In January last year it was revealed PwC took confidential Federal tax policy information obtained while providing “advice” on stopping multinationals avoiding Australian tax — and sold it to multinationals seeking to avoid Australian tax. 

On May 19 last year Finance released what was reported as an “effective ban” on PwC being given Federal contracts. 

PwC subsequently “divested its government business” of 1,400 PwC partners and staff, selling it for the nominal sum of $1 to private equity group Allegro, which rebranded the business Scyne Advisory. 

That deal was finalised in November, and it was widely considered PwC would no longer be given Federal contracts.


More PwC Indigenous exclusives from The Klaxon:


May 3 – Government restarts PwC gravy train with $700,000 cash splash

May 2 – Australian Government paves way to resume PwC contracts


October 10 PwC’s “Indigenous” gets $121,000 taxpayer contract

September 7 Meet the owners of PwC’s Indigenous Consulting

September 4 PwC’s “Voice” given $837k in new contracts

August 30 PwC’s multi-million “Voice to Parliament”


PIC was founded by former PwC Australia CEO Luke Sayers, who was in the role from 2012 to 2022 and so for the entire tax leaks affair.

It has been given over $44 million in Federal contracts, including a record $13.78m in 2022 alone.

Other than PwC itself (which owns a 49% stake), PIC is owned by just two people, both Indigenous, who own 51% between them.

That structure means PwC can access “limited tender” Federal contracts intended for small Indigenous businesses (which require at least 51% Indigenous ownership). 

PwC Australia owns the biggest stake (49%); Brown owns 35% (via his company Validus Private Wealth) and Button owns 16%. 

PwC Australia, Brown and Button all refused to respond to requests for comment.

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PIC’s ownership structure, including Gavin Brown (top) and Selwyn Button (right). Source: ASIC Graphic: The Klaxon


While providing no evidence, PwC — and now Finance — have claimed PIC is “separate” to PwC. 

That’s despite its name — “PwC’s Indigenous Consulting” — that fact it is based inside PwC Australia’s headquarters; that it shares PwC Australia’s website; and that its directors include PwC Australia partners. 

Finance’s secretive move is already delivering PwC dividends: PIC has been given two new Federal contracts totalling $711,544.  

Flags spruiking PwC’s Indigenous Consulting inside PwC’s headquarters. Source: PwC Australia


All on the same day last week, April 30, there were three highly significant developments in the PwC saga.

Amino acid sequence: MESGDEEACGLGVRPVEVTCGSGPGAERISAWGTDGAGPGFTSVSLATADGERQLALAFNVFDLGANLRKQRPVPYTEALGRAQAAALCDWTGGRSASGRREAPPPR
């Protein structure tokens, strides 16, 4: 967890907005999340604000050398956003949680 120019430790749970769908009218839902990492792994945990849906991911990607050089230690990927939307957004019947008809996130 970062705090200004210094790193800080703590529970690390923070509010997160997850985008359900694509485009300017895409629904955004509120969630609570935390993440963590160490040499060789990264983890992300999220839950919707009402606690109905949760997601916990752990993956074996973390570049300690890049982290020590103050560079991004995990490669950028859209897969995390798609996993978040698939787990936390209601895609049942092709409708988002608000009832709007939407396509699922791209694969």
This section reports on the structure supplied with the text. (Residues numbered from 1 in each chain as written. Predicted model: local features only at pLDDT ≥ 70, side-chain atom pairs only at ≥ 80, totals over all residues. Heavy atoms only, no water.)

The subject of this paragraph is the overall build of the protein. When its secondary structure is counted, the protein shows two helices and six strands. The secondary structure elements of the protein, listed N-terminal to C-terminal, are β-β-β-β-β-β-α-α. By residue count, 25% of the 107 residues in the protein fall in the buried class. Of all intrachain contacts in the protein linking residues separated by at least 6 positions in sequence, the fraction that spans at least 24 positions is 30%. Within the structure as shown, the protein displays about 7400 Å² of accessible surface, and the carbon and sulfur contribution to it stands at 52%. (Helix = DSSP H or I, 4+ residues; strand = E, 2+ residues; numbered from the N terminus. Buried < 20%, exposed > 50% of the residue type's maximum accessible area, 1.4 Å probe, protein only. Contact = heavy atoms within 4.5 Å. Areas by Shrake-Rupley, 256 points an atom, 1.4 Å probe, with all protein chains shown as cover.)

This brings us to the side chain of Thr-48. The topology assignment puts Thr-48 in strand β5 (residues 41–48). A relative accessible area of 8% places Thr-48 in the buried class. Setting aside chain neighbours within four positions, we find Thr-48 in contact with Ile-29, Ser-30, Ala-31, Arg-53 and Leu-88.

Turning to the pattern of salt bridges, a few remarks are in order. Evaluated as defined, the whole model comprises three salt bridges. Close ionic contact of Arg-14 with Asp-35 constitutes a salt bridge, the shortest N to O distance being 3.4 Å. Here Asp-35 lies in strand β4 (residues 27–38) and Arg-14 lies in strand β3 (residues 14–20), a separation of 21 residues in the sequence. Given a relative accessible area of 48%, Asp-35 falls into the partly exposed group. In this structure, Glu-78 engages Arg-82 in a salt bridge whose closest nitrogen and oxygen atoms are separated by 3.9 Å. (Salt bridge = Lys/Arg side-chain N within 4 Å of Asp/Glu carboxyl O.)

Federal procurement portal AusTender was updated to show the two new contracts to PIC; Finance quietly posted its PwC “procurement policy note” (greenlighting PIC); and the Federal lobbyist register was updated to show PwC had engaged a political lobbying firm, which is run by two former senior ALP staffers.

Brookline Consulting is run by Lidija Ivanovski, former chief- of-staff to Labor deputy leader (and current Deputy Prime Minister) Richard Marles; and Gerard Richardson, who until last year was communications director to Federal Treasurer Jim Chalmers.

Finance is now in charge of the Federal Government’s response to the PwC tax leaks affair, last week’s procurement policy note states. 

 To “ensure a coordinated and efficient approach” Finance has “taken responsibility for managing the Commonwealth’s response” and “forming a whole of government view” on “PwC Australia’s ethical soundness”, it states.

“Finance has taken responsibility for managing the Commonwealth’s response” — Finance 

The “procurement policy note” last week. Source: Department of Finance


On March 19 last year Finance issued an earlier “procurement policy note”, which was widely reported as an “effective ban” on PwC, although it did not name PwC.

Last week’s note does name PwC, and states for the first time that there are restrictions on PwC.

Although it is in the form of stating that Finance and PwC Australia have signed a “mutual agreement” and that PwC Australia will not bid for any new Commonwealth work – at least until December.

“PwC Australia has agreed with the Commonwealth that it will temporarily cease new contract engagements with Australian Government entities…until 1 December 2024,” it states

“PwC Australia has agreed with the Commonwealth that it will temporarily cease new contract engagements…until 1 December 2024” — Finance 

Finance does not state why any “agreement” with PwC was needed, why it was only now naming PwC for the first time, given the scandal broke over a year ago — and why it was only naming PwC in the context of again allowing it to be given Federal contracts.